Luxury hotels sees an upturn after the downturn

Isaac Mostovicz writes that hotels are rapidly recovering...

There have been reports lately of promising recovery in the luxury hotel industry. USA Today and Daily Finance tell us hotels such as the Ritz-Carlton, Four Seasons, St Regis and Starwood Hotels & Resorts Worldwide are just some of the big names seeing a boost in their revenue streams.

The Ritz-Carlton’s occupancy levels improved 10% from last year’s on average low of 60%, while Starwood’s W Hotels are seeing a 28% gain in its first quarter from key cities like New York. Across the board, luxury hotels in the US have also sold almost 17% more rooms than the same period last year and increased their occupancies by 20%. This has translated into hotels becoming more comfortable about hiring new staff. The U.S Department of Labour has the figures:

Employment rose by 45,000 in leisure and hospitality over the month. Much of this increase occurred in accommodation and food services, which added 29,000 jobs. Food services employment has risen by 84,000 over the past 4 months, while accommodation has added 18,000 jobs over the past 3 months.

This has contributed to the month’s highest employment rate since the recession. Though this is largely due to the comeback of business and leisure travellers, Barbara DeLollis of USA Today tells us there are also a number of other factors in the works. Attractive offers for instance:

“We just paid $149 per night for the W hotel in New Orleans, which made me feel pretty good,” says Joseph Frohlinger of Tenafly, N.J.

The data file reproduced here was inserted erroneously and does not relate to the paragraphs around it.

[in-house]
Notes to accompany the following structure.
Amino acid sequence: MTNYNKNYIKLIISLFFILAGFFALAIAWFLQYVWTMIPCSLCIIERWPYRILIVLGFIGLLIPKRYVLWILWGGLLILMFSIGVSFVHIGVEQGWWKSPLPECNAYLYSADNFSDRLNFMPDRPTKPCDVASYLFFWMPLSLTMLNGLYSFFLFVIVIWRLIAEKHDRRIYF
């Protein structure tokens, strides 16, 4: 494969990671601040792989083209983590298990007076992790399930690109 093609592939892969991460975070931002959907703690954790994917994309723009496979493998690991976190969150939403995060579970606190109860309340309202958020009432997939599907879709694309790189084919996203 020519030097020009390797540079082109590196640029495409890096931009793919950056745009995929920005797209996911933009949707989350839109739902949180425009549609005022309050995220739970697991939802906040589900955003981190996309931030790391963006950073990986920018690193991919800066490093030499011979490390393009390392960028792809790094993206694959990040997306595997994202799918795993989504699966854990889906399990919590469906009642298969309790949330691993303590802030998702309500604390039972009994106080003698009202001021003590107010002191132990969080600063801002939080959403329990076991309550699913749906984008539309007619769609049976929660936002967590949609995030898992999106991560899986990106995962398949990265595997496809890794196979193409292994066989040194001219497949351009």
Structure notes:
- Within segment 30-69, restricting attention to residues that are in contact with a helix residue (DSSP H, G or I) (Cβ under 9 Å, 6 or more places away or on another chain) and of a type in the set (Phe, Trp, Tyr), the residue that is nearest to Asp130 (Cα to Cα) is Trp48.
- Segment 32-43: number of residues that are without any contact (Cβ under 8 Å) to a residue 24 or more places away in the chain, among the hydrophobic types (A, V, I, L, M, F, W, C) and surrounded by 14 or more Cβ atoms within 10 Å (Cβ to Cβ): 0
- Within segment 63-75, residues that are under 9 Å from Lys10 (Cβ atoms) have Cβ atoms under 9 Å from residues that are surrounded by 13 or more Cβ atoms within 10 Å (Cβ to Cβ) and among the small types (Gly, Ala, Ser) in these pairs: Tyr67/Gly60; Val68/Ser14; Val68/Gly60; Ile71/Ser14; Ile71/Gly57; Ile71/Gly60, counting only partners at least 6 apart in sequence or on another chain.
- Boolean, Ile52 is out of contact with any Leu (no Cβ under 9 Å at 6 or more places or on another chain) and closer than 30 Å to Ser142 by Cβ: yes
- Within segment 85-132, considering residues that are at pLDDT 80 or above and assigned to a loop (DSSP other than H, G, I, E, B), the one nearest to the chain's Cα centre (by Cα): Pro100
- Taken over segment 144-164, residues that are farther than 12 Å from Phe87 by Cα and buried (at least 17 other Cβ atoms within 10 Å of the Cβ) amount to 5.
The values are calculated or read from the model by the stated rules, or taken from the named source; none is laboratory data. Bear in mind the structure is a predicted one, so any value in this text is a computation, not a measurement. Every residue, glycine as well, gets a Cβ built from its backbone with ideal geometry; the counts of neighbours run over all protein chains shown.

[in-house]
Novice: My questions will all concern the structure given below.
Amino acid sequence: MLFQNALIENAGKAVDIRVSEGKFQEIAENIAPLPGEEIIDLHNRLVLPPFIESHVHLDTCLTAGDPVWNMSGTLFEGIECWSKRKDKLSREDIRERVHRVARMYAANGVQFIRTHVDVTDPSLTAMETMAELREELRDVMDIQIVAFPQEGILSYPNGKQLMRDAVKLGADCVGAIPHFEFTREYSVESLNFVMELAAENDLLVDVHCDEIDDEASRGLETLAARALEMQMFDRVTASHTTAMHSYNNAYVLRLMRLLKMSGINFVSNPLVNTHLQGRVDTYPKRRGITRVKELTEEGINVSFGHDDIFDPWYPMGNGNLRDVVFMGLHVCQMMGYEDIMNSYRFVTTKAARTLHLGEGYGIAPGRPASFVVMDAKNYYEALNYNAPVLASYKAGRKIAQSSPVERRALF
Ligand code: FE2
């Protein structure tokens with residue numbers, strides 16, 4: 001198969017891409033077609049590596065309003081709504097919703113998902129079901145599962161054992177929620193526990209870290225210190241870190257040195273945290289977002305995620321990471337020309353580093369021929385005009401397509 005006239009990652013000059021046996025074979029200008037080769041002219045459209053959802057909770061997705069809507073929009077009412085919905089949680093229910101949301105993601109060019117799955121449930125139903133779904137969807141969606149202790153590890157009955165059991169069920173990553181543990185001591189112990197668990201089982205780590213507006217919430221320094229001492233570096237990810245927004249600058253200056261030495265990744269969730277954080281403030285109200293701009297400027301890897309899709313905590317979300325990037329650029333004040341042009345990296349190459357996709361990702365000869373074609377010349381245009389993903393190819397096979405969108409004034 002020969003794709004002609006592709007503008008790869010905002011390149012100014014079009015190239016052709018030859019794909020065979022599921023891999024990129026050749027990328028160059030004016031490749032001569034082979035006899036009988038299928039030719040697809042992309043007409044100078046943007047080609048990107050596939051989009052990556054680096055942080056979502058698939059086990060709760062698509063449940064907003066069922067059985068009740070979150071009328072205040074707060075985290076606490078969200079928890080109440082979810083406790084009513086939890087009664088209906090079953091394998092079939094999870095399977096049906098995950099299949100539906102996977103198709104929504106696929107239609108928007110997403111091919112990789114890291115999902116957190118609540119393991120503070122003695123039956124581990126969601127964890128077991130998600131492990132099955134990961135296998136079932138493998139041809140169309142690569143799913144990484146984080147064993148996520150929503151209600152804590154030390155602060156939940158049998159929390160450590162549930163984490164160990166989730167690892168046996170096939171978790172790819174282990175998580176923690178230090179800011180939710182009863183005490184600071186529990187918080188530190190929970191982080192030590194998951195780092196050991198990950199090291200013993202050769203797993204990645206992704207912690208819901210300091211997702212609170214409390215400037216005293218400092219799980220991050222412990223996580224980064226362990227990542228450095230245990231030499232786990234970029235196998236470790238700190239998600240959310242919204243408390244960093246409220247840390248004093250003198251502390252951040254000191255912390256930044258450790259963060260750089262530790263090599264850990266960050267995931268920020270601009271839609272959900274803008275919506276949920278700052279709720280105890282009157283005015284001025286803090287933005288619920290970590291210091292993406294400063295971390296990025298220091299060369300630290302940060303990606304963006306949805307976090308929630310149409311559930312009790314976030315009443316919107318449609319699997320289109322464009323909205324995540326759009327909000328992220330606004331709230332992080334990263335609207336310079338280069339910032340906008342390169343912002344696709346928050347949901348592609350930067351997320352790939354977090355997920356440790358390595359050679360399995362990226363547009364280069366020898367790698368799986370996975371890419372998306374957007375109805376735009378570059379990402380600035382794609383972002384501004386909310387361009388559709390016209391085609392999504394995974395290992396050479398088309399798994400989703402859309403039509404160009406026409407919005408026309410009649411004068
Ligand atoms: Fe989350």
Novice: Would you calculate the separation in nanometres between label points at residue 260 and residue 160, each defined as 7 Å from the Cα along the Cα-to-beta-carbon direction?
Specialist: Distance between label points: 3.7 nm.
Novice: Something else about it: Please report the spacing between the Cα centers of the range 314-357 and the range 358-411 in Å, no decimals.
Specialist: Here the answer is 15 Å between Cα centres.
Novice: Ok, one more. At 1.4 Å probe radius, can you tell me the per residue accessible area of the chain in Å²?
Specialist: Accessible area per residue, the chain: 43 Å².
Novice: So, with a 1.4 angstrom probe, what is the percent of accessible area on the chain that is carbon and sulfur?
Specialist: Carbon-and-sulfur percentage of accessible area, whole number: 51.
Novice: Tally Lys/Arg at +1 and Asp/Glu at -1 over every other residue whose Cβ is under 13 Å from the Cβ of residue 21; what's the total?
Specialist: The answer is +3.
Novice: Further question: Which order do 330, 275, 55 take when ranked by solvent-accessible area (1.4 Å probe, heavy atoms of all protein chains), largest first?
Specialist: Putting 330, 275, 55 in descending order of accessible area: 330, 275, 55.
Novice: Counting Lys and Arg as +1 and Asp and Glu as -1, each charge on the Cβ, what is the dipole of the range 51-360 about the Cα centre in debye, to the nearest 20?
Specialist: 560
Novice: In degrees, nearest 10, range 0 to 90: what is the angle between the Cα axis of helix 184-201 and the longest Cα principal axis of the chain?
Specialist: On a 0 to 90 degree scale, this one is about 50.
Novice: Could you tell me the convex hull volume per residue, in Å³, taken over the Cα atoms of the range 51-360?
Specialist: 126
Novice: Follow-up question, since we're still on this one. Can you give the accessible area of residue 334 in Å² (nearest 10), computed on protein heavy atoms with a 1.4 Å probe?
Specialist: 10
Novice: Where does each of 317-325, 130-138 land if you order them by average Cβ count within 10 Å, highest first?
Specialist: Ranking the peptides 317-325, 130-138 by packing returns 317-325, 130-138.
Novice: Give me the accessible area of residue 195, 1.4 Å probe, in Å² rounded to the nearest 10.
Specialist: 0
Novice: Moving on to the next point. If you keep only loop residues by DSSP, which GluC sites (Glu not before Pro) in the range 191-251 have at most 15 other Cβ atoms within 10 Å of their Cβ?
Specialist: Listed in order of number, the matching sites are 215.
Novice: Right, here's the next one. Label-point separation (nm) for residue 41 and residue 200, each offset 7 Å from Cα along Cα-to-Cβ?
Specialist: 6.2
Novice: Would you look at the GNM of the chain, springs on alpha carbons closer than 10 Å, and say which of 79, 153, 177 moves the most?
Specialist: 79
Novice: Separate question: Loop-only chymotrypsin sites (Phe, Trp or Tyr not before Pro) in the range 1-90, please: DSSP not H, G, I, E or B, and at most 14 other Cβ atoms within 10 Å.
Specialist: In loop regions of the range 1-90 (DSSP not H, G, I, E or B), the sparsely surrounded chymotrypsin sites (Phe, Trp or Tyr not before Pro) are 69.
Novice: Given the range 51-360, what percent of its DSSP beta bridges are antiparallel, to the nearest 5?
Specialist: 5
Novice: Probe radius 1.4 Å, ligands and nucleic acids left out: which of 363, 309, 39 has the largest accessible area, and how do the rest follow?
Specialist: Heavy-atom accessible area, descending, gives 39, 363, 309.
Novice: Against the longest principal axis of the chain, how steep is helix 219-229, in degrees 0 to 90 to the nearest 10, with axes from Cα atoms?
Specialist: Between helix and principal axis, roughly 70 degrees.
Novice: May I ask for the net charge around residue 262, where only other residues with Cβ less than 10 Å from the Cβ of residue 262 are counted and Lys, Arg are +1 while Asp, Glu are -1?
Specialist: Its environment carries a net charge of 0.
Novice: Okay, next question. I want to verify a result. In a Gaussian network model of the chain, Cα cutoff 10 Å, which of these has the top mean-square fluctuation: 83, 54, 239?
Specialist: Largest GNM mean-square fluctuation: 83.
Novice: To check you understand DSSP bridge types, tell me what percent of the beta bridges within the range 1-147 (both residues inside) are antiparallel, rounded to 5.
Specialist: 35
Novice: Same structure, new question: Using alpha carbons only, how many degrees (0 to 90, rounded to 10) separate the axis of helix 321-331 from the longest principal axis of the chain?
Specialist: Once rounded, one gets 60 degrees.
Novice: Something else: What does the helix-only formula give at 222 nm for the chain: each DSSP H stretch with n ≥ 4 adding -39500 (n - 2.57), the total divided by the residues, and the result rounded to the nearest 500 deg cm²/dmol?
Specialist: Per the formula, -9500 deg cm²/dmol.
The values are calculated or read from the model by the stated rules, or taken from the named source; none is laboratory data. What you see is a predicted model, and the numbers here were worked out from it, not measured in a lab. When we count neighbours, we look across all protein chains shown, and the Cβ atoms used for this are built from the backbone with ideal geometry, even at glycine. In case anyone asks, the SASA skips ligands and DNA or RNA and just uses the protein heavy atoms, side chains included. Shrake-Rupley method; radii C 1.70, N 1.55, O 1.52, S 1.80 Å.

Also, there are fewer perception worries:

“A year ago, as we were in the depths of this crisis, there was a high level of paranoia about luxury travel,” van Paasschen [CEO of Starwood W Hotels) says. “That’s clearly gone away.”

In addition to this, financial service firms are offering more Wall Street deals, and business activities not only at home but also abroad have also increased. Kathleen Taylor, Four Seasons’ chief operating officer says this ‘strengthening [in] world economies are contributing to an uptick in people’s confidence in the future.’ Simon Cooper, a top executive at Ritz-Carlton confirms this with his report that the Westchester branch in N.Y. has been ‘packed with international business travelers lately’ seeing a 33% leap in revenue in comparison to last year’s figures.

These are all positive signs that the luxury hotel industry is on its way to recovering, though the general consensus seems to be that it won’t be the same as it was before the recession. Cooper tells us:

“The open bar is a little bit less open…couple of spa treatments’ and the big fruit basket in the room for every day are probably something of the past,” he says. “The excesses of two, three years ago are less prevalent today.”

Here, we see how much smarter and money-conscious luxury consumers have gotten. As seen in my previous blogs, other sectors of the luxury industry (art, fashion, watches and internet) have also been improving, albeit in an unexpected way because of new luxury consumer’s habits. One thing that is certain though: it will take some getting used to before the luxury market will become less surprised of more unexpected happenings in the future.

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